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Mexican director, actress, playwright, performance artist, scenographer, entrepreneur, and social activist Jesusa Rodriguez has been called the most important woman of Mexico. Often referred to as a "cameleon," Rodríguez moves seemingly effortlessly and with vigor across the spectrum of cultural forms, styles, and tones. Her "espectáculos" (as both spectacles and shows) challenge traditional classification, crossing with ease generic boundaries: from elite to popular to mass, from Greek tragedy to cabaret, from pre-Columbian indigenous to opera, from revue, sketch and "carpa," to performative acts within political projects. The work she has written and/or directed and acted in includes adaptations of Shakespeare (¿Cómo va la noche, Macbeth? 1981), opera (Don Giovanna 1983-7), pastorellas (Fue Niña; Sor Juana en Almoloya 1995, NarcoPastorela), cabaret (Cielo de Abajo. Cabaret Prehispánico 1992; Sufragio pero me aguanto 1992; classic Greek tragedy (Crimen 1989, 1992), revue and sketch (Critina 1994; El Conde del Orgasmo 1996; 1993), melodrama (El Pecado Neoliberal 1994;) and conventional Western-style theater (El Concilio de Amor, adaptation of Oskar Panizza’s The Council of Love, 1988, 1995).

Jesusa Rodríguez has collaborated internationally, most recently on the award-winning Las Horas de Belén, A Book of Hours (1999) with Ruth Maleczech and New York-based Mabou Mines, for which she and Liliana Felipe were awarded an Obie for Best Actor. In 1977 she received a Rockefeller Foundation Grant to complete the film adaptation of the opera Cosí fan tutti. She has staged her shows around the world including in the U.S., Peru, Argentina, France, and Germany. A social activist, Jesusa has worked with street children; presently she, along with Liliana Felipe and Regina Orozco, have been traveling to indigenous areas Mexico, doing cabaret workshops with indigenous women community leaders. Rodríguez contributes regularly to Mexico´s most important feminist journal, debate feminista.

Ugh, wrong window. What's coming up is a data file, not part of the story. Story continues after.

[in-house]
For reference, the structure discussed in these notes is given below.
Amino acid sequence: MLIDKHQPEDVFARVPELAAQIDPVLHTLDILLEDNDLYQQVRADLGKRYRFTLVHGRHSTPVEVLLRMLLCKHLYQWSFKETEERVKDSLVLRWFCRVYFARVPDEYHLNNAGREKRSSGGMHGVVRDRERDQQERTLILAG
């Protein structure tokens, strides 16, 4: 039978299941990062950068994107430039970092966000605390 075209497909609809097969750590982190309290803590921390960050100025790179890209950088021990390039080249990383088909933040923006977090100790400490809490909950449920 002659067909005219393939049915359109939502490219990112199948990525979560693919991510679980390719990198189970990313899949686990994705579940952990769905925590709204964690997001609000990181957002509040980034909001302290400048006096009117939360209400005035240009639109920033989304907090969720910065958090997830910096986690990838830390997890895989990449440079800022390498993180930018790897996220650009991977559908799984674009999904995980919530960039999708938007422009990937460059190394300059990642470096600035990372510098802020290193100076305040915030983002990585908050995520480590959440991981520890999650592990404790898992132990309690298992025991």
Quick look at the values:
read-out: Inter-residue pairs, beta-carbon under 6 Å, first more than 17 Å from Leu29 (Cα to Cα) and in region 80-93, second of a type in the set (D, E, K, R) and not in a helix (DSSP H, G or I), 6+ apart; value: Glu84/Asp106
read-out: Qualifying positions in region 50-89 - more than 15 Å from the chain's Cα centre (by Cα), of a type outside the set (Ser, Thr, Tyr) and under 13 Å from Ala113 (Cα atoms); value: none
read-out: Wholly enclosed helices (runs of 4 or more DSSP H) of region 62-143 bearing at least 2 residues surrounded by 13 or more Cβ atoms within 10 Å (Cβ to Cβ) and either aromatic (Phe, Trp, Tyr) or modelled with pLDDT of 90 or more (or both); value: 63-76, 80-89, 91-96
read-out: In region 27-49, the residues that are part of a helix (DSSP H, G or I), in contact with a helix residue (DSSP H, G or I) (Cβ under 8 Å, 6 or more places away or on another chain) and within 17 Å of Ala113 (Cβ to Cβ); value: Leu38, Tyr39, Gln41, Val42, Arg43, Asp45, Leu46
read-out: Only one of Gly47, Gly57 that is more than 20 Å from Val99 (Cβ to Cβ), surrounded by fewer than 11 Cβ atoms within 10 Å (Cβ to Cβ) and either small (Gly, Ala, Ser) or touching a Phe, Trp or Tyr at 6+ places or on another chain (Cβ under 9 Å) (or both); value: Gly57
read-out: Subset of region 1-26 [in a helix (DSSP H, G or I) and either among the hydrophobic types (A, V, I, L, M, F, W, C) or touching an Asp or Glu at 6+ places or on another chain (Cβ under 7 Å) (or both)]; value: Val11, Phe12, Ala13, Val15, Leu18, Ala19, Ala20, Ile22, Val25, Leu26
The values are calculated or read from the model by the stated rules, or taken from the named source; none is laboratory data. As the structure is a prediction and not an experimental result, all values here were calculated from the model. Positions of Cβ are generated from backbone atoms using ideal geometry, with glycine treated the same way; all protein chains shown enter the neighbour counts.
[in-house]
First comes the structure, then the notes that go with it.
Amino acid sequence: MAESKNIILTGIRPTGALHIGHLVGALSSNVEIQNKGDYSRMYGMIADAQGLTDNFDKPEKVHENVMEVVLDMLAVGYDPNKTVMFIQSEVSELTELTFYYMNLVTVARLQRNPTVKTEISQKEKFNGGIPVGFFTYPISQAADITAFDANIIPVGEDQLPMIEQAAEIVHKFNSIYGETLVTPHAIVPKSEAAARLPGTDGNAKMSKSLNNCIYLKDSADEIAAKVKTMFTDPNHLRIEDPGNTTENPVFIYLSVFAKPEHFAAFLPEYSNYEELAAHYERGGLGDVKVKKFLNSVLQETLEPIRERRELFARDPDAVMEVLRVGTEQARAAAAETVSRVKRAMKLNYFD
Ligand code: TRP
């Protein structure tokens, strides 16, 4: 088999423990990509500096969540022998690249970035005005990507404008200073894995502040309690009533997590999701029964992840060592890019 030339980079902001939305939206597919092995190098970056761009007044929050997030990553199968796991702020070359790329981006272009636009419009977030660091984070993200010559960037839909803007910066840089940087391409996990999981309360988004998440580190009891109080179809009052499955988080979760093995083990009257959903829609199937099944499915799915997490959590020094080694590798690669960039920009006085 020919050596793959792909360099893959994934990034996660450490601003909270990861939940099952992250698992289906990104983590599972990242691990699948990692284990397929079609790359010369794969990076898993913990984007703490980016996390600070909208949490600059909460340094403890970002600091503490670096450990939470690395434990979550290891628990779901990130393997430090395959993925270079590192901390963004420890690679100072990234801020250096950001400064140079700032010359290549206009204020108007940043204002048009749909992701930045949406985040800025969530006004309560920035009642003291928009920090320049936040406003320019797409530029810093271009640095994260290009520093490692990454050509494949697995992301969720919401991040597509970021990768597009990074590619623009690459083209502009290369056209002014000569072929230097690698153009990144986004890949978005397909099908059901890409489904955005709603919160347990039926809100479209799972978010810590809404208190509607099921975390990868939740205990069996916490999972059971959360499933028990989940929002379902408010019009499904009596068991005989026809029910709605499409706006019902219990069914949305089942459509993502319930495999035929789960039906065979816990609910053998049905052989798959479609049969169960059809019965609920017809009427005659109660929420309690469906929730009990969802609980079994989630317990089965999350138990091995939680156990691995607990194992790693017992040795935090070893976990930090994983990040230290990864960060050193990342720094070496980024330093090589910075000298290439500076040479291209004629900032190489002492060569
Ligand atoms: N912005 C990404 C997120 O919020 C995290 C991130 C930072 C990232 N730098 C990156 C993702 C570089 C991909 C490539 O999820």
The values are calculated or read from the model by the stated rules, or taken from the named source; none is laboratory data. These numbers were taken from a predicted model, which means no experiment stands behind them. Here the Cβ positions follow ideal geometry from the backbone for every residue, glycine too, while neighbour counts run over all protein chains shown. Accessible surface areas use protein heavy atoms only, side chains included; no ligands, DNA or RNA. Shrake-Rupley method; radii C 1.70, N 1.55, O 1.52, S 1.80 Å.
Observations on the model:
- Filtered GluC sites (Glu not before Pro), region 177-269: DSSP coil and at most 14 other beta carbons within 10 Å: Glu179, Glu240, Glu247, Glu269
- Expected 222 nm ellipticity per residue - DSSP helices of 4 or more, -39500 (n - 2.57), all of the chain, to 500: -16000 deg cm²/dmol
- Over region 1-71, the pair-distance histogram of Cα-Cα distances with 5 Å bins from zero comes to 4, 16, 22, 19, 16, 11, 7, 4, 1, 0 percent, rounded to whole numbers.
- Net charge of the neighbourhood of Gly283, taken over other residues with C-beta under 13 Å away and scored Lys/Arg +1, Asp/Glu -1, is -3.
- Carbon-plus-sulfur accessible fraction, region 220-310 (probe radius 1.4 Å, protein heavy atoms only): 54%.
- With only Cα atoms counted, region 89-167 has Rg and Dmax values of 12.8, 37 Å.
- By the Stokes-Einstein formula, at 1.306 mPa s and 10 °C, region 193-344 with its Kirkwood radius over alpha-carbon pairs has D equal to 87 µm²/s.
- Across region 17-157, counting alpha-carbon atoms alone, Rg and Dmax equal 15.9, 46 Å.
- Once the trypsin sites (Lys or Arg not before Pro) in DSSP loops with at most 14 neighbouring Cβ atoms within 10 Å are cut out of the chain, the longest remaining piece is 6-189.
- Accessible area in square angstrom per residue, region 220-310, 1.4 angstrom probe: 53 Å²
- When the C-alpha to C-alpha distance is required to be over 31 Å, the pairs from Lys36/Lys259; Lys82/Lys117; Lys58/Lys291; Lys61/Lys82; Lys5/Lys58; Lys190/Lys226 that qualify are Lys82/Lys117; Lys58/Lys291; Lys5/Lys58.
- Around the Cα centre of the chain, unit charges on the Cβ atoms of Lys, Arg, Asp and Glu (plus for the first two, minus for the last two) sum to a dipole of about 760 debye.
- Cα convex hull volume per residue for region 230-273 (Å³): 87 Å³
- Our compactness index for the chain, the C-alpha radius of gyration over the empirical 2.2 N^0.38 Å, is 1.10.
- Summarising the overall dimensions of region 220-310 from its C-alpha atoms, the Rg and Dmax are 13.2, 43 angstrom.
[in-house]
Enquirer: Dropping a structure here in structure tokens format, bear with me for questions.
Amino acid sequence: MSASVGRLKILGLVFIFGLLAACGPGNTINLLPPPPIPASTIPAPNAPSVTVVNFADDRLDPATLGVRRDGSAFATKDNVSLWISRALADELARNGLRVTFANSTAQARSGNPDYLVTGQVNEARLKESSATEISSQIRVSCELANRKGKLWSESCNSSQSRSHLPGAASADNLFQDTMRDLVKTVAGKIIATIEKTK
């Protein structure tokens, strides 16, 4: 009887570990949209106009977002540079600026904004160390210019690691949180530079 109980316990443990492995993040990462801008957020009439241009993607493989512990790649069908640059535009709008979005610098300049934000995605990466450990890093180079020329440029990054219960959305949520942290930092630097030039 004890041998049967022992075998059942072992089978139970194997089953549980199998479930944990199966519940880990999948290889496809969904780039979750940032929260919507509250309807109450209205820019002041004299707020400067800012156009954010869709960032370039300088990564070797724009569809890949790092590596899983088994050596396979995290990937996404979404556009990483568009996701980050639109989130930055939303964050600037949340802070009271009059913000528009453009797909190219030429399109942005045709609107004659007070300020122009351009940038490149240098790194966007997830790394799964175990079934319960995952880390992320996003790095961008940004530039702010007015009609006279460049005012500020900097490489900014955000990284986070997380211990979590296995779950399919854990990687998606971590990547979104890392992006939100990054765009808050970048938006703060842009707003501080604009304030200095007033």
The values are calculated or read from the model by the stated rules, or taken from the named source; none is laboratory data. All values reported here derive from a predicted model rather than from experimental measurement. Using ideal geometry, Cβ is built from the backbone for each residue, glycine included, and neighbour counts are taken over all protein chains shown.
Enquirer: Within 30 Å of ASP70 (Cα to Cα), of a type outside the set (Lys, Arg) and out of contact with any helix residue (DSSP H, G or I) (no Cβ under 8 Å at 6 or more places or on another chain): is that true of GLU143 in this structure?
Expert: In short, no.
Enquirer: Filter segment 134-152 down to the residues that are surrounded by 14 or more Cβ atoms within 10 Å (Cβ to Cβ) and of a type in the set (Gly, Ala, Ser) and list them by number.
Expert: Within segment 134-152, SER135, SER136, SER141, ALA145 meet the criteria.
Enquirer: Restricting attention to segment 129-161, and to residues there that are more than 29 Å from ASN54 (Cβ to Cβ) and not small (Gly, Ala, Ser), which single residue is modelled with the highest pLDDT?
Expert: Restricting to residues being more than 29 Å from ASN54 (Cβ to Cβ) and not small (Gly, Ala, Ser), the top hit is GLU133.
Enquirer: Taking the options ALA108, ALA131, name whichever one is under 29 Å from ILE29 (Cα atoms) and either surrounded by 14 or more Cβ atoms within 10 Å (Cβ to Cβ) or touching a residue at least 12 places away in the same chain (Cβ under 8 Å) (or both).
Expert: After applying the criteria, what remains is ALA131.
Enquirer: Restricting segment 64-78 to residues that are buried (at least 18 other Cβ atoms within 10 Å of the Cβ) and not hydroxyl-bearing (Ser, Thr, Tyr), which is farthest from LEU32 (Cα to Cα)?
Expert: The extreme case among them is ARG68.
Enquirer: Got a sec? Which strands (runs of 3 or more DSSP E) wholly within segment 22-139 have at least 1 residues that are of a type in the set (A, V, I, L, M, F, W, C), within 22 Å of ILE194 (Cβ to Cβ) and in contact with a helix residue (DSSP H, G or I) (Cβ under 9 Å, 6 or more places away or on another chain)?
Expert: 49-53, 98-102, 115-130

Humor, satire, linguistic play, and the body are constants in her productions. She seeks to render corporal and, thus, visible, the tensions between the discourses in operation on and through the individual and collective body. Rodriguez’s energy is intense and her commitment non-negotiable, always interrogating the nature, site, and consequences of power and its representation. Insistent upon her independence from government sponsored cultural agencies and established institutions, Jesusa and her Argentine companion, Lilian Felipe, own and manage the cabaret/bar, El Habito, and the adjacent theater, La Capilla theater in Coyoacan, Mexico City. In these off-off spaces, and with the collaboration of her theatre cooperative, Las Divas, Jesusa has produced hundreds of shows since the 1980s. Numbers, however, do not give an indication of the depth and breath of Jesusa Rodríguez’s artistic production and the central role she has played--from the margins--for over three decades in the cultural, political, and social stages of Mexico.